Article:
Consumer Tobacco Habits Are Changing Dramatically
Like many industries, the tobacco industry is changing as consumers shift their buying habits to cheaper products in times of economic uncertainty and hardship. Unfortunately, this trading down has been compounded by the rising excise taxes on tobacco products around the world. As a result, consumers are shifting toward value brands, shunning traditionally expensive brands such as Philip Morris International's Marlboro, sold within the United States by Philip Morris USA, a subsidiary of Altria Group .
Numbers reveal trends
While these trends are obvious, data supplied by Reynolds American shows the scale of this 'down-trading.' Within a recent shareholder presentation by Reynolds, the company notes that since 2006, the number of premium cigarettes sold as a percentage of the overall volume of cigarettes sold within the United States has declined from slightly more than 70% to 58.6%. Meanwhile, the value segment of the market has expanded to 41.4% of the total market, up from slightly less than 30%.
What's more, Reynolds reports that the market for pipe and roll-your-own tobacco, which is generally cheaper per equivalent cigarette, has exploded over the same period. For example, during 2006 the annual sales of pipe and roll-your-own tobacco rose from 20 million pounds to an estimated 41 million pounds for full-year 2013.
Reflected in results
This trend is actually reflected within the results of both Philip Morris and Altria. Specifically, Altria reported that in the nine months ended Sept. 30, 2013, the volume of Marlboro cigarettes shipped by the company declined 3.8%. Meanwhile, the volume of 'value' brands shipped by Altria in the nine months to Sept. 30, 2013 rose by 5%.
However, this trend is much more pronounced within the global tobacco market, where Philip Morris International carries the Marlboro flag.
To understand why this is happening, we need to do some investigating. In particular, we need to look at cigarette pricing.
Thanks to this data supplied by the Tobacco Atlas, we can see the price of the Marlboro brand in comparison to those of its local peers:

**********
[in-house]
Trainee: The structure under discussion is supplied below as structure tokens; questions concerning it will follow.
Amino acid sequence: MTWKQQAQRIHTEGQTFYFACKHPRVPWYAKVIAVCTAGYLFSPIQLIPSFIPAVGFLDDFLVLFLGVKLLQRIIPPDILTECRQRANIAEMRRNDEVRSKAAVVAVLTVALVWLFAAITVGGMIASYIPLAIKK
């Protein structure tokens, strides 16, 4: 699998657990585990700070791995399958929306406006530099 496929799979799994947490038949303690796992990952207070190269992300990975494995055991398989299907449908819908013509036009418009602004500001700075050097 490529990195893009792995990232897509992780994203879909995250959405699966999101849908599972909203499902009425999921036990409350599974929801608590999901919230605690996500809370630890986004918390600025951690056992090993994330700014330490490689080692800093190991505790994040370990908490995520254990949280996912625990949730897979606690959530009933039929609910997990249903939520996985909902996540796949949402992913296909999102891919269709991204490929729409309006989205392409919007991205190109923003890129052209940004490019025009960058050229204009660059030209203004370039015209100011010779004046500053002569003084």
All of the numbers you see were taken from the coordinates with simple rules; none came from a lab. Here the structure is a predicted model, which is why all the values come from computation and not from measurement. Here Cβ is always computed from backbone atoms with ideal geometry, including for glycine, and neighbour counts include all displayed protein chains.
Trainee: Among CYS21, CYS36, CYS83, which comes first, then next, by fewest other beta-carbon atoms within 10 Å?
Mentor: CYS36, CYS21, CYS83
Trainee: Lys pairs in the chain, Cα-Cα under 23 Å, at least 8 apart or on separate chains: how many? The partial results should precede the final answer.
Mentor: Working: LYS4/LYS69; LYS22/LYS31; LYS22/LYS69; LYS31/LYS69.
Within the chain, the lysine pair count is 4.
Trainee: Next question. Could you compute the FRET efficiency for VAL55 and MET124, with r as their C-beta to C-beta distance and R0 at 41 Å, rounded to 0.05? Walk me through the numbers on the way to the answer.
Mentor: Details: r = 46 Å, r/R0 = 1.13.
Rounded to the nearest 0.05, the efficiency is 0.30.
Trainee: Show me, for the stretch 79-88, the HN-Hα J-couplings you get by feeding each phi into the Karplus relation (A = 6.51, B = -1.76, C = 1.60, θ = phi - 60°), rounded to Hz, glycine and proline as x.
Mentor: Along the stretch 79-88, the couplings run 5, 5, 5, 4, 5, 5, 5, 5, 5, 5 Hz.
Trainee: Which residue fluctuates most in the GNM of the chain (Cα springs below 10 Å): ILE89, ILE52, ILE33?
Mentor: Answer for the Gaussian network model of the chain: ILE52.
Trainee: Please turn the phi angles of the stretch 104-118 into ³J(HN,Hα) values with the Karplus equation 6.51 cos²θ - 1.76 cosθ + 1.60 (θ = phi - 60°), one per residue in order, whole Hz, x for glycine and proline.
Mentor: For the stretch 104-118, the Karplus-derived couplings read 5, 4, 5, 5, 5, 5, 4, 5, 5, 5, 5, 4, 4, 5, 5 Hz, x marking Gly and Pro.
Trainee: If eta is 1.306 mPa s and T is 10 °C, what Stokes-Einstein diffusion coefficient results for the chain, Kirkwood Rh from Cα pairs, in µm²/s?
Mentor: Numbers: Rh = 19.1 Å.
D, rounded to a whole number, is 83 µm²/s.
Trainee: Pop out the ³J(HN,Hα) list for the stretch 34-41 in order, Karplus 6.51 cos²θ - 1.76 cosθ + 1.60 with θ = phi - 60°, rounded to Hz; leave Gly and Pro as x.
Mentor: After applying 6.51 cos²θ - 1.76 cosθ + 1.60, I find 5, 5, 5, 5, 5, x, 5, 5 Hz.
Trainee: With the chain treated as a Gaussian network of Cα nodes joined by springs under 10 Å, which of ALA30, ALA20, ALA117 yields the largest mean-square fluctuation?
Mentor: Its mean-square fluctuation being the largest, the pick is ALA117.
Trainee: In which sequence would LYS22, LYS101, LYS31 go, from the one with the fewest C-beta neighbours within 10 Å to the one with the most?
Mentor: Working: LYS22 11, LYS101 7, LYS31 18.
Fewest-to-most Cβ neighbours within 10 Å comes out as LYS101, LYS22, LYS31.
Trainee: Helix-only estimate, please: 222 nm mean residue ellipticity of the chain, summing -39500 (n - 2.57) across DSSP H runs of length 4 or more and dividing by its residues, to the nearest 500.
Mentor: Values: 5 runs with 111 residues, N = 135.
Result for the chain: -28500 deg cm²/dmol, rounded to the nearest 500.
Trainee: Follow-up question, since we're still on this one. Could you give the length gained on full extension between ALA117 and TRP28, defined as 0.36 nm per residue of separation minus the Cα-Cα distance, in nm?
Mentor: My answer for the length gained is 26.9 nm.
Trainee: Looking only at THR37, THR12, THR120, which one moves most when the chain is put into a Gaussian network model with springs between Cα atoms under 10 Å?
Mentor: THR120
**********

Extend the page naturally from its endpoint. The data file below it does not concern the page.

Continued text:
Price of a local brand of cigarette as a percentage of Marlboro price
As the table shows, cheaper alternatives to Marlboro can easily be found in many markets around the world.
This is where Philip Morris is already feeling the pain. You see, peers like British American Tobacco have sensed an opportunity here and have driven forward with their own 'global-drive brands' priced lower than the Marlboro brand.
Philip Morris' volume of cigarettes shipped during the third quarter declined by 5.7%, led by a 2.5% decline in the total volume of Marlboro cigarettes. In comparison, international peer British American Tobacco's global-drive brands' sales grew 2.3% during the first half of this year.
For the nine months ending Sept. 30, 2013, British American reported that the volume shipped of its 'global drive' cigarette brands increased by 1.9%. The company's Dunhill brand led the increase, with volume rising 9.6%, and Pall Mall volume also rose 5.2%.
British American's four global-drive brands are Dunhill, Kent, Lucky Strike, and Pall Mall, and together their sales have expanded 62% since 2002. These four brands represent 24% of the company's total volume. Unlike Philip Morris, which is highly dependent on Marlboro, British American is nicely diversified.
Economic hardship and rising excise taxes on cigarettes are two factors driving smokers toward cheaper, 'value' branded cigarettes. This is bad news for both Altria and Philip Morris, which rely on the premium-priced Marlboro for the majority of their income. On the other hand, British American Tobacco's value brands continue to take market share, and this is where the future of tobacco investing could be.
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The article Consumer Tobacco Habits Are Changing Dramatically originally appeared on Fool.com.Fool contributor Rupert Hargreaves owns shares of Altria Group. The Motley Fool owns shares of Philip Morris International. Try any of our Foolish newsletter services free for 30 days. We Fools may not all hold the same opinions, but we all believe that considering a diverse range of insights makes us better investors. The Motley Fool has a disclosure policy.
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